Archive for the ‘Discipline’ Category

Four D’s to free up 20% of your time

December 2nd, 2015 by John Gallagher No Comments

 

 

Have you ever really sat down and looked at your schedule and it felt so overwhelming that you just wanted to ‘give up’, delete it all and start over?

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As leaders, we often find it difficult to say ‘no’ to people for many reasons.  Mostly because we really don’t want to upset anyone, but a lot of times, it is because everything seems important.  Well, is it really?  Here is an exercise you can do to help you understand if you have the right things on your calendar.  I have often referred to it as the “4 D’s”

  1. Delegate
  2. Defer
  3. Deselect
  4. Do-it!

Make a list of all of the things you think you must do on a daily, weekly, and monthly basis.  With that list in hand, ask your self the following four questions for each item:

  1. Can I DELEGATE this item to someone else to do?  Often we don’t delegate because “it will take me more time to train someone so I will do it myself”, or “I want it done a certain way so I must do it” – Both of these reasons are signs of poor leadership.  One of the best ways to develop others is to give them valuable tasks to grow, so Delegate more.
  2. Can I DEFER this item?  Is it REALLY the most important thing you need to be doing at this time?  Can it wait 30 days, 60 days, 90 days?  Often it can.  Put a reminder on your calendar for 90 days out.  Maybe it won’t be as important then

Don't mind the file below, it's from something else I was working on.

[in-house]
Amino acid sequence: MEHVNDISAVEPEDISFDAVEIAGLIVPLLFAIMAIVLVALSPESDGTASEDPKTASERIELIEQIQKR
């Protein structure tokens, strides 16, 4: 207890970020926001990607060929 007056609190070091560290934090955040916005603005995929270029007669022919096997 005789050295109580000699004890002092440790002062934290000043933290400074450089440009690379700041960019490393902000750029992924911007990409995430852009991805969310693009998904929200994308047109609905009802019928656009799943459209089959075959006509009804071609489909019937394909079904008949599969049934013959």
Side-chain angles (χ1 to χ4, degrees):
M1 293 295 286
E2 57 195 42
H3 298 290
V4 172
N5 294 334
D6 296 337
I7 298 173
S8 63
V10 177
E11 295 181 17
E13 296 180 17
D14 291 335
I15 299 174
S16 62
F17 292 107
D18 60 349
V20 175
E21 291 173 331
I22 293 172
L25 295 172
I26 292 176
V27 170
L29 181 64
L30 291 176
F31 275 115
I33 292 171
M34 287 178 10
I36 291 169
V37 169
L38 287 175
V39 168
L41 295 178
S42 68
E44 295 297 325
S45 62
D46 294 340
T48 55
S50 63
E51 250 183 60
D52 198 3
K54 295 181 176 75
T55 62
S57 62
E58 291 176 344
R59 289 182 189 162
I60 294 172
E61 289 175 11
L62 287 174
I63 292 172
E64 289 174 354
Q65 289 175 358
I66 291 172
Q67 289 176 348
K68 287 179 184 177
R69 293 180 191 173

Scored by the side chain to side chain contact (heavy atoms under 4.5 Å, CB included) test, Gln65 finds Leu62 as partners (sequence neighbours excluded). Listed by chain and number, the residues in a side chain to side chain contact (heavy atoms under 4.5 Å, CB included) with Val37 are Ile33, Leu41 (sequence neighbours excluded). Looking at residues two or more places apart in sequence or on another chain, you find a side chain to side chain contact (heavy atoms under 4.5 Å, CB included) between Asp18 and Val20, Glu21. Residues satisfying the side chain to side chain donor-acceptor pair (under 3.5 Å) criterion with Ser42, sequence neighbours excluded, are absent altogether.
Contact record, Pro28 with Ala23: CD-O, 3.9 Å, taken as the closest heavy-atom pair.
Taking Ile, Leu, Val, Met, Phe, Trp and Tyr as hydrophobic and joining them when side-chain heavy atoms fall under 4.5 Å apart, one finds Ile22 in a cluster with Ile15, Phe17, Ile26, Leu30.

3. Can I DESELECT this item? Have you been doing something for so long (a meeting, a report, a task) that you just do it because you always have?  Maybe you don’t need to do it anymore at all.  DESELECTING is the most difficult task of leadership.  A good friend has told me many times, “You can do anything you want, you just can’t do everything you want”
  4. I guess I must DO it? – If your answer to the first 3 questions is NO, then you must do it!  Put it on the calendar and make it happen.  The challenge here is to do the task with the least non-value-added activity.  Can I automate it?  Can I be more efficient at it?  Improve the task.

Go through this process about every 90 days.  If you haven’t freed up 20% of your time, then you are not being critical enough of the tasks.  Go back through it again?

What about you?  How do you make sure your schedule doesn’t get overburdened?  Try this exercise and let me know how it goes.

SIX SIMPLE STEPS TO IMPROVED PERFORMANCE

April 1st, 2015 by John Gallagher No Comments

 

 

I had a friend ask me recently about a simple process they might be able to use with their team to review “How are things going?”  Often times, individuals or organizations don’t invest enough time in a formal review process that, done correctly, can make minor course corrections in tactics that get you back moving toward your objective.  Rather, they feel things aren’t working and make drastic changes and end up further off course then when they started.  Antique Compass